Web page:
Sign Up Now For
HEALTHbeat
Our FREE E-mail Newsletter

In each issue of HEALTHbeat:

  • Get trusted advice from the doctors at Harvard Medical School
  • Learn tips for living a healthy lifestyle
  • Stay up-to-date on the latest developments in health
  • Receive special offers on health books and reports
  • Plus, receive your FREE Bonus Report, Living to 100: What's the secret?

[ Maybe Later ] [ No Thanks ]

Check out these newly released Special Health Reports from Harvard Medical School
Learn How

New Releases

You can't buy good health but you can buy good health information. Check out these newly released Special Health Reports from Harvard Medical School:

Going off antidepressants

NOV 2010

Did you know?

You can get instant online access to all of the articles from the November 2010 issue of Harvard Women's Health Watch for only $5.

Already a subscriber? Login for complete instant access.

If you want a button/link to remove the box (not sure if you do or not...), it would look like this: Cancel

If not handled carefully, coming off your medication can cause disturbing symptoms and set you up for a relapse of depression.

About 10% of women ages 18 and over take antidepressants. As many of us know, these medications can be a godsend when depression has robbed life of its joy and made it hard to muster the energy and concentration to complete everyday tasks. But as you begin to feel better and want to move on, how long should you keep taking the pills?

If you're doing well on antidepressants and not complaining of too many side effects, many physicians will renew the prescription indefinitely — figuring that it offers a hedge against a relapse of depression. But side effects that you may have been willing to put up with initially — sexual side effects (decreased desire and difficulty having an orgasm), headache, insomnia, drowsiness, vivid dreaming, or just not feeling like yourself — can become less acceptable over time, especially if you think you no longer need the pills.

The decision to go off antidepressants should be considered thoughtfully and made with the support of your physician or therapist to make sure you're not stopping prematurely, risking a recurrence of depression. Once you decide to quit, you and your physician should take steps to minimize or avoid the discontinuation symptoms that can occur if such medications are withdrawn too quickly.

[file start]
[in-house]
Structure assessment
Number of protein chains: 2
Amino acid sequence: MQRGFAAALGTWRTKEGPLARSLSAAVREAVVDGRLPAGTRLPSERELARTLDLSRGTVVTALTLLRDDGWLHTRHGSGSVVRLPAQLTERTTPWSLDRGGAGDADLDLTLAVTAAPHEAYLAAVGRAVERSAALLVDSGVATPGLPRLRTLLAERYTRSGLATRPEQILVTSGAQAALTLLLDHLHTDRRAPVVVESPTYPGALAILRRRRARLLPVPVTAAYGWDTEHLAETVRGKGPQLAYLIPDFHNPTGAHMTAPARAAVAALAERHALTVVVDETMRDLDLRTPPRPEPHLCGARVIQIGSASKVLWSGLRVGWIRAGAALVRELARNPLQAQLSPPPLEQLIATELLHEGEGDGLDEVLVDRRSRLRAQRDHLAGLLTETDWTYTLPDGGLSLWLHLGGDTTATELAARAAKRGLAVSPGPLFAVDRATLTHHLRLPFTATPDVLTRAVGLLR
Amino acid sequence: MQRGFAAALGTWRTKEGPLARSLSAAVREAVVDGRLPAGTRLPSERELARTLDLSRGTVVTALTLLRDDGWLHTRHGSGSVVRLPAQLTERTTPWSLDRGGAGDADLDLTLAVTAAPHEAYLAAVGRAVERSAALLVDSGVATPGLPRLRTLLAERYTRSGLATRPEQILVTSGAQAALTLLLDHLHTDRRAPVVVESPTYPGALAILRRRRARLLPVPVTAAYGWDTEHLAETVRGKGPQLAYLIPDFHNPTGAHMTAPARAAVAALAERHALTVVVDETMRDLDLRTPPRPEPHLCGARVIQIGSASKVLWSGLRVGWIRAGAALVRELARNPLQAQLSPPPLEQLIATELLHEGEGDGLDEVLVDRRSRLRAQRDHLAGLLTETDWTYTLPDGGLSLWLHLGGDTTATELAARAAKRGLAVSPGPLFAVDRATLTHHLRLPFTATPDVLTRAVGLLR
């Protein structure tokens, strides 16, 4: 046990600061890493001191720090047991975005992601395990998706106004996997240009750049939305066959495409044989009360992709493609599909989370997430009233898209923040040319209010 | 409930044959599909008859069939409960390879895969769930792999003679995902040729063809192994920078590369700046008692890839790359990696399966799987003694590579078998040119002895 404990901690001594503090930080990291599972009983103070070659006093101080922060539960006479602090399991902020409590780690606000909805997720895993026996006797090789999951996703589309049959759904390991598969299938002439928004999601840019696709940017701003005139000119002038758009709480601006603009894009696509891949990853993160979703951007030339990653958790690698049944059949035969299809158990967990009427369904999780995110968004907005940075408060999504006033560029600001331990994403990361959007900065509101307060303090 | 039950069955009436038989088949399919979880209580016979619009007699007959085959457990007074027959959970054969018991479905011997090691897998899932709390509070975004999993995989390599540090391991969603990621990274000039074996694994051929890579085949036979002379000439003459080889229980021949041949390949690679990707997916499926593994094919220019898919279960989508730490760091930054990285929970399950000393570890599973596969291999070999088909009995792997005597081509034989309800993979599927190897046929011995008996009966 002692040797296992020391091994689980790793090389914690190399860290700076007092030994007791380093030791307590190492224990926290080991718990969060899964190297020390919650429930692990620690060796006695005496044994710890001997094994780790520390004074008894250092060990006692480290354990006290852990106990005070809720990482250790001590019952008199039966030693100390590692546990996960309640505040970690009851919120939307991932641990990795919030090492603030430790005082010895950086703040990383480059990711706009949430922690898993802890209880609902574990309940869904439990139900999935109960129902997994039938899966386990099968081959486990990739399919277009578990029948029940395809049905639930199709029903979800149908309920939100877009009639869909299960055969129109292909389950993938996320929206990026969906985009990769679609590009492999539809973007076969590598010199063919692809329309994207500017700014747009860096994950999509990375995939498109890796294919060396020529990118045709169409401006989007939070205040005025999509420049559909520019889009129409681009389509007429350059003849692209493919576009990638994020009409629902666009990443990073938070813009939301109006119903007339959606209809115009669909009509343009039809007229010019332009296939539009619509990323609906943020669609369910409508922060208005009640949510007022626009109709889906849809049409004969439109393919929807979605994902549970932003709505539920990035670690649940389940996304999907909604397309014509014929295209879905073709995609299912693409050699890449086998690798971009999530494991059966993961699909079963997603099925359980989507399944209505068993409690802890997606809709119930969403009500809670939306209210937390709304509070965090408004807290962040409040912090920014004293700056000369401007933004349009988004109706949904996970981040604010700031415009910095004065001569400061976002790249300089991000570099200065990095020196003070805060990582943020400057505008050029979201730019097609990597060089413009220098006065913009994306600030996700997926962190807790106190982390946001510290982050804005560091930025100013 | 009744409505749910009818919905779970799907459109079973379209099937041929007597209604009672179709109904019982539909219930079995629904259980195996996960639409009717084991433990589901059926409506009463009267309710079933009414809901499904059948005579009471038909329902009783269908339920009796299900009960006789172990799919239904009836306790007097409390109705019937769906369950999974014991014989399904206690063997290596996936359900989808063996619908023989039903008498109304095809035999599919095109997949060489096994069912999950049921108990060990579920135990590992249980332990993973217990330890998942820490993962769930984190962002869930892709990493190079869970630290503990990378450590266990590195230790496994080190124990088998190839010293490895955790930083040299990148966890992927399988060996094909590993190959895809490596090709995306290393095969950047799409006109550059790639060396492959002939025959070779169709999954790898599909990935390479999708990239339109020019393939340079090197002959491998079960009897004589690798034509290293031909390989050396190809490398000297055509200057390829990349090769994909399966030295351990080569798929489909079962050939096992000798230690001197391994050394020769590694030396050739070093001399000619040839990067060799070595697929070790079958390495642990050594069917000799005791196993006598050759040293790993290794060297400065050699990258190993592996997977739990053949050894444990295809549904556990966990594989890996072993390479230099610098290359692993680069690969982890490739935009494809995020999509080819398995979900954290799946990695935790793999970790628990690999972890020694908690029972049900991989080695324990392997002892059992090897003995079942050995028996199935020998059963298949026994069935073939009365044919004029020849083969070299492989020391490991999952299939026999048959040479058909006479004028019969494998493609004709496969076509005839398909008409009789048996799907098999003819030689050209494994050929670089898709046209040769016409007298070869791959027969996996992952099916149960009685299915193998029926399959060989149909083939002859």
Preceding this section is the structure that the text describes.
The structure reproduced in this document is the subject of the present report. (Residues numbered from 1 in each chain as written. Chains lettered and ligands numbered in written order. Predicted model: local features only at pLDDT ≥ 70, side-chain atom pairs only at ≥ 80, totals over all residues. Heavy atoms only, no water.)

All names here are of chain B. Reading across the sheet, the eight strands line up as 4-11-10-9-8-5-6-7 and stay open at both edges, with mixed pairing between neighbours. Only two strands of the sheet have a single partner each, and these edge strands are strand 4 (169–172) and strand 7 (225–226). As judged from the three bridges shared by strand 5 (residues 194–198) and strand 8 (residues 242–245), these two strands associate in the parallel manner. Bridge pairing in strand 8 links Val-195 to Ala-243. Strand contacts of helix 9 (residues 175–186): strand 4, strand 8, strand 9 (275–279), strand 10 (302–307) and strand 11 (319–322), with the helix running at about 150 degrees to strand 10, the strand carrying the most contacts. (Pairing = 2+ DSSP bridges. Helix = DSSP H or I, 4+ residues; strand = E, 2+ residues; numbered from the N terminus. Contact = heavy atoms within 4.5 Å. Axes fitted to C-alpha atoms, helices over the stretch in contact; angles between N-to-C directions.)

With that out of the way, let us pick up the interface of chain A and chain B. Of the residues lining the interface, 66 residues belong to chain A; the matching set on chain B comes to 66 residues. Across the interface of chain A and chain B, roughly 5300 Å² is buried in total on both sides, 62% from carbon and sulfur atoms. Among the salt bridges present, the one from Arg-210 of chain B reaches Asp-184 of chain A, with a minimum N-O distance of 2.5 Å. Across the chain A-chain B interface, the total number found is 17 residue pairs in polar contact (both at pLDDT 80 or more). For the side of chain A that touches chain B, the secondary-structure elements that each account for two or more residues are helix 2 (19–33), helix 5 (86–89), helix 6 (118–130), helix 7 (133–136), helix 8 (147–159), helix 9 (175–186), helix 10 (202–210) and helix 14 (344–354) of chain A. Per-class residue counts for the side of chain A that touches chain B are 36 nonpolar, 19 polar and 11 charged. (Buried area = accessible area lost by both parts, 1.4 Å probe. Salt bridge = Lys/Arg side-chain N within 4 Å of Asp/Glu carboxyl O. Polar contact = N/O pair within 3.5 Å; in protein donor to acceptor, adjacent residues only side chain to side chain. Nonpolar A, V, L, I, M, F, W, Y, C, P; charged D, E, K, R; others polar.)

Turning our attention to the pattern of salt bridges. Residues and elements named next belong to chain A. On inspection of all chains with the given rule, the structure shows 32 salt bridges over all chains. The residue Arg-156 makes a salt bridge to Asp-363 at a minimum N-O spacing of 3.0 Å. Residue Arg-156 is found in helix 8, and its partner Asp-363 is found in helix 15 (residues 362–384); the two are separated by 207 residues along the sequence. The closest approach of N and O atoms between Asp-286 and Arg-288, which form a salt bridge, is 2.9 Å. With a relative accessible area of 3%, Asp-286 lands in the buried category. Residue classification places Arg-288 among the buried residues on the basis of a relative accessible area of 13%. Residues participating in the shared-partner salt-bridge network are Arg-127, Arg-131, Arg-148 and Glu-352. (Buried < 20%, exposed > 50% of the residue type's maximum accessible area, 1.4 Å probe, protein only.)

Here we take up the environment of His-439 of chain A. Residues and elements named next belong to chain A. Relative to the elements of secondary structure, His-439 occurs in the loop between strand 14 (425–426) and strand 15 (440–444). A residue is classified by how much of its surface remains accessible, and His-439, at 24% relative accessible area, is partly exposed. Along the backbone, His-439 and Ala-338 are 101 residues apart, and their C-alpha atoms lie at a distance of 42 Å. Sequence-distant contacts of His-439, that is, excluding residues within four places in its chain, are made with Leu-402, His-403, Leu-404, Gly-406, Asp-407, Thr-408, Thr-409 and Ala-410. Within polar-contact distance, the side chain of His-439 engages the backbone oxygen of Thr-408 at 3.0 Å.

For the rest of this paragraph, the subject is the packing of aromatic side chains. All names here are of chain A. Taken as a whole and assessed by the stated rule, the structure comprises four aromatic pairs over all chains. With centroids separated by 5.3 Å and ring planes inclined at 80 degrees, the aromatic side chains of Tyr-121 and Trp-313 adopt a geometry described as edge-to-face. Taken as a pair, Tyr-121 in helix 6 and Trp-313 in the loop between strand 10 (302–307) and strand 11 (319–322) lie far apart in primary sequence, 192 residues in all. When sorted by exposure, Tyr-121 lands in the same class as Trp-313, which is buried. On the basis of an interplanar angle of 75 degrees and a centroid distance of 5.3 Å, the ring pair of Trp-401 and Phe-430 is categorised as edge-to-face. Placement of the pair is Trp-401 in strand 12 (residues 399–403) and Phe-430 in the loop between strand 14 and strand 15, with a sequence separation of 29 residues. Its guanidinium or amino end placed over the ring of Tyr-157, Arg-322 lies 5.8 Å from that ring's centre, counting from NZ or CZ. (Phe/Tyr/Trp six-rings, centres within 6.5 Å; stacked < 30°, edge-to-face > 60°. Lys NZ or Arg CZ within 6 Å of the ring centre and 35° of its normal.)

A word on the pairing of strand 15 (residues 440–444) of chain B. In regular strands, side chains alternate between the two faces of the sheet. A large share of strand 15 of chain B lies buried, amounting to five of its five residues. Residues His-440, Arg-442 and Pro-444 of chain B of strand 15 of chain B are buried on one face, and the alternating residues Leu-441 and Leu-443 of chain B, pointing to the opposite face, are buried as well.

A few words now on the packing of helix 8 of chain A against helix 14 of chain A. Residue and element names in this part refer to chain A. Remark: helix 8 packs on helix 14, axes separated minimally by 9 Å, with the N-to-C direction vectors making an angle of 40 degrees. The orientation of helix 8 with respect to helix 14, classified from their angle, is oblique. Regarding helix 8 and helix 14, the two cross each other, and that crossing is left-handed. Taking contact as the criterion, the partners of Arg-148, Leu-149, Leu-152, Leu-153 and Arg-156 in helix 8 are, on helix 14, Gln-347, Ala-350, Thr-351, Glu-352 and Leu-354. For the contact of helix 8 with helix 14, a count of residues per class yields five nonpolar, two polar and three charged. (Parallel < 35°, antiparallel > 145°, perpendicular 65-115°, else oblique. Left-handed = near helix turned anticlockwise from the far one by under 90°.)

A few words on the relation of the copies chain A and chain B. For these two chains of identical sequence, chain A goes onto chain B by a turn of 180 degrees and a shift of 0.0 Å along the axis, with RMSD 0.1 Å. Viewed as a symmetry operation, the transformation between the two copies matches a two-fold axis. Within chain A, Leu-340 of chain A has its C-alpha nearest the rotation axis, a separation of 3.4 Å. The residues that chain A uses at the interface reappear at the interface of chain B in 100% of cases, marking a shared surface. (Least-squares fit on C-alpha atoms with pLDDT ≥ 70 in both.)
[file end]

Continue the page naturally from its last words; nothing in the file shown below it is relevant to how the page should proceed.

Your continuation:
Why discontinuation symptoms?

Antidepressants work by altering the levels of neurotransmitters — chemical messengers that attach to receptors on neurons (nerve cells) throughout the body and influence their activity. Neurons eventually adapt to the current level of neurotransmitters, and symptoms that range from mild to distressing may arise if the level changes too much too fast — for example, because you've suddenly stopped taking your antidepressant. They're generally not medically dangerous but may be uncomfortable.

Among the newer antidepressants, those that influence the serotonin system — selective serotonin reuptake inhibitors (SSRIs, now commonly known as SRIs) and serotonin-norepinephrine reuptake inhibitors (SNRIs) — are associated with a number of withdrawal symptoms, often called antidepressant or SRI discontinuation syndrome. Stopping antidepressants such as bupropion (Wellbutrin) that do not affect serotonin systems — dopamine and norepinephrine reuptake inhibitors — seems less troublesome over all, although some patients develop extreme irritability.

Having discontinuation symptoms doesn't mean you're addicted to your antidepressant. A person who is addicted craves the drug and often needs increasingly higher doses. Few people who take antidepressants develop a craving or feel a need to increase the dose. (Sometimes an SRI will stop working — a phenomenon called "Prozac poop-out" — which may necessitate increasing the dose or adding another drug.)

Discontinuation symptoms can look like depression

Discontinuation symptoms can include anxiety and depression. Since these may be the reason you were prescribed antidepressants in the first place, their reappearance may suggest that you're having a relapse and need ongoing treatment. Here's how to distinguish discontinuation symptoms from relapse:

  • Discontinuation symptoms emerge within days to weeks of stopping the medication or lowering the dose, whereas relapse symptoms develop later and more gradually.